18-25:00            Before 1960, a small, unorganized group of friends, including Al, had performed at the Nugget Casino in Reno and Sun Valley.  Immediately after they got back form Euskadi, Pete Echevarria asked the group to perform in Carson City for a Basque festival.  When the Oinkaris were officially formed, they were asked to represent Idaho at the 1962 World’s Fair, and they knew they were on to something big.  Reg Aldecoa was the group’s fundraising chairman, and made the trip possible.  Even though they were rained out at the Fair (in Seattle), they performed every here and there to great acclaim.  Their next big gig was the International Girl Scouts’ Jamboree, and the next one was the New York World’s Fair (with the help of Jerry Sweeney, the former curator of the Idaho Historical Museum).  Bill Campbell and Sandy Klein also helped the group out.  Al wasn’t sure how the lady in charge of the Seattle World’s Fair knew about them, but by that time, the Oinkaris already had a name in Idaho.

25-30:00            Jimmy Jausoro was always their musician, and Domingo Ansotegui often helped out as well.  Irene Anderson helped out with music at some events as well.  Al discusses the music behind various Basque songs at a few performances.  At the New York World’s Fair, the Boise Oinkaris made the front page of several national newspapers, and they were the only group representing Idaho.  The Oinkaris were helped out a lot by the community; Al remembers that Albertson’s hosted them at all their stores, serving free food and donating ticket profits.

Side 2

0-12:30            Jay was a hugely important factor behind the eventual forming of the Oinkaris.  Even after the group got together, jota classes continued for younger children; it seems that Anne Boyd took over the enterprise after Jay, and Al remembers that even he taught the kids for a while.  In his opinion, one of Al’s favorite times was at the National Folk festival in Denver.  The Oinkaris made fast friends with some Serbian dancers from Milwaukee; they were ultimately named the 2 outstanding groups of the festival.  He describes the experience.  Later, the Serbians got the beer companies who sponsored a private festival in Milwaukee to invite the Oinkaris as the only out-of-state group.  When Toni and Simon got married, some of the Serbs came with an accordion player to perform at the wedding.  Al eventually got out of the Oinkaris, which he described as a low point in his dancing career.  When they performed in New York, the   group was 41 members strong.  The following year, due to the New York success, a huge number of people wanted to join the Oinkaris; to this day, Al regrets holding tryouts for the new girls because they were scared of the large numbers.

12:30-30:00            Al never imagined that the Oinkaris would continue on to the present day.  He thinks that the group today looks more professional and more ethnic; a better overall appearance.  Al and his group stayed in touch with the original Oinkaris for 4-5 years after the trip to Europe, and the leader even came to see them perform when the Boise Oinkaris returned to Euskadi in 1985.  Al believes that music has been an important factor in keeping the Basque community together for so long.  It has been the center of the Boise Basque community for years.  Apparently, today at 83, Jay will still put on a record when she is alone and dance.  Al never hears the music without it stirring him.  Besides the Oinkaris, Al has to rate Jay and Jimmy as the number 1 forces behind the music here in Idaho.  He lists many of the people who have helped with the Basque culture here, including Jeri Achurra, John Bastida, Dave Eiguren, Espe Alegria and her Basque radio station, and the Basque Girls’ Club.  Al thinks that the Basques don’t like to be followers, a reason why so much independent leadership has shaped the character of this community.  Al foresees many more years of the Oinkaris, regardless of their ups and downs.  He also recalls how he felt upon returning to the Basque country 25 years after the 1960 trip; his feelings were mixed.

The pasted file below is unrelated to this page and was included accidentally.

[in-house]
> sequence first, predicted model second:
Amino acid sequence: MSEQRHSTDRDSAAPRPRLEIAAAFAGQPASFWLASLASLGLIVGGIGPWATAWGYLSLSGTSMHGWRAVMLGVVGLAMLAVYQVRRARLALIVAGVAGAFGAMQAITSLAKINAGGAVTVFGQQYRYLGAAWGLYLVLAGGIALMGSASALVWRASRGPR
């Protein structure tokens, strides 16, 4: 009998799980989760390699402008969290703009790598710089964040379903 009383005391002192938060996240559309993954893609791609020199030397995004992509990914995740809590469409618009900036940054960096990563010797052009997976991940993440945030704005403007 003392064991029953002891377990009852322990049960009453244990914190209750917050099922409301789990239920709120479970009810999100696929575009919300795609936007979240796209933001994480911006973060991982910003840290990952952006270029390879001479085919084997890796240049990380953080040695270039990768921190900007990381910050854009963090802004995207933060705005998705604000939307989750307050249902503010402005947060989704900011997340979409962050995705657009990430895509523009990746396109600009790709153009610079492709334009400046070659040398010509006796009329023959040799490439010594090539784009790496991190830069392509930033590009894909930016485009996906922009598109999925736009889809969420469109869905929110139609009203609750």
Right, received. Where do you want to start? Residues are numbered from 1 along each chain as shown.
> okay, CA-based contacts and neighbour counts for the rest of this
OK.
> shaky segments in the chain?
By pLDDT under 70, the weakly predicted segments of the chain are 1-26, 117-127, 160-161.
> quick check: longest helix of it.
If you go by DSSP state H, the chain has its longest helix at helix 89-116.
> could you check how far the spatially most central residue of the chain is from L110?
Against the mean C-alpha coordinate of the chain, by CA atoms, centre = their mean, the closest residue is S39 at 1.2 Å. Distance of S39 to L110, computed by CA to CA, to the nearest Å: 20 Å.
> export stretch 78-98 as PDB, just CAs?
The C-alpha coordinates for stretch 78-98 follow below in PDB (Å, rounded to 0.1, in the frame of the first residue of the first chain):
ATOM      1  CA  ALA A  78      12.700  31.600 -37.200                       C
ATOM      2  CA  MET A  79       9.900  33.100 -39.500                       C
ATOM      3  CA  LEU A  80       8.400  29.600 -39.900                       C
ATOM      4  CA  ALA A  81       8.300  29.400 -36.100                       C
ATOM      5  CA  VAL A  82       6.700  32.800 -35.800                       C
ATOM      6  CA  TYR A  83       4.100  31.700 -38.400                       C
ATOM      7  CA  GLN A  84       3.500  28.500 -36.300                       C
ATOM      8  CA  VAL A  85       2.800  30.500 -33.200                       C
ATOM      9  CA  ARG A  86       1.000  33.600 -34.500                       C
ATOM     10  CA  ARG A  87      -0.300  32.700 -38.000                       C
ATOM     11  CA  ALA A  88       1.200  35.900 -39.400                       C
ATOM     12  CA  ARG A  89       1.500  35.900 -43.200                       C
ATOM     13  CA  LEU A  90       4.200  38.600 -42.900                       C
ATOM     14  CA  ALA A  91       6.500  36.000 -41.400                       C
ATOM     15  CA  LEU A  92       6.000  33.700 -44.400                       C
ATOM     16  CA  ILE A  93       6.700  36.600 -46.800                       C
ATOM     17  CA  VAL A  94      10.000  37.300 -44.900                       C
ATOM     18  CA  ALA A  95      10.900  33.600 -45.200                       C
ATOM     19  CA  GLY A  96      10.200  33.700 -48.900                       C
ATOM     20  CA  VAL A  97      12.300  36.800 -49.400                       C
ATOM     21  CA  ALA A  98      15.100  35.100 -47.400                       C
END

Achabal, Simon: one of the founding Boise Oinkaris
Achurra, Henry: took jota classes
Achurra, Jeri
Albertson’s: helped the Oinkaris a lot
Alegria, Espe: ran Basque radio station
Anchustegui, Clarine: one of the founding Boise Oinkaris
Anderson, Irene: musician
Ansotegui, Domingo: musician
Barrutia, John: took jota classes
Basque Girls’ Club
Bastida, John
Cabrini Club: Basque social club
Campbell, Bill: helped the group a lot|
Eiguren, Dave
Erquiaga, Alice: Al’s sister
Euskaldun Gasteak: Basque youth group
Hormaechea, Dolores: one of the founding Boise Oinkaris
Hormaechea, Jay: led jota classes
International Girl Scouts Jamboree: place where the group performed
Jausoro, Jimmy: played the accordion
Klein, Sandy: helped the group a lot
Murelaga, Toni: one of the founding Boise Oinkaris
Music Week: Boise music festival
National Folk Festival: place where the group performed
Oinkaris: Basque dancers
Sheepherders Ball: future Oinkaris’ first performance after their trip to Euskadi
Solosabal, Beatrice: Al’s dance partner in jota classes; one of the founding Boise Oinkaris
Song of the Basques: part of Music Week
Sweeney, Jerry: curator of the Idaho Historical Museum
Urresti, Delfina: one of the founding Boise Oinkaris
Urresti, Diana: one of the founding Boise Oinkaris
World’s Fair: Oinkaris performed for 2


American Legion Hall: housed Basque dancers for a while
Basque Center (ID): housed the Oinkaris
Basque Museum (ID)
Boise, ID
Carson City, NV: place where the group performed
Denver, CO: site of the National Folk Festival
Hyde Park: district in Boise
Milwaukee, WI: home of the Serbian Folk dancers
New York: site of a World’s Fair
Nugget Casino: place where the group performed
Paris, France
Pasajes San Juan: town where the group 1st saw the original Oinkaris
Reno, NV: location of the Nugget Casino
Seattle, WA: site of a World’s Fair and the Oinkaris 1st major venue
Sun Valley, ID: place where the group performed
Western Hall: 1st place where Jay held jota classes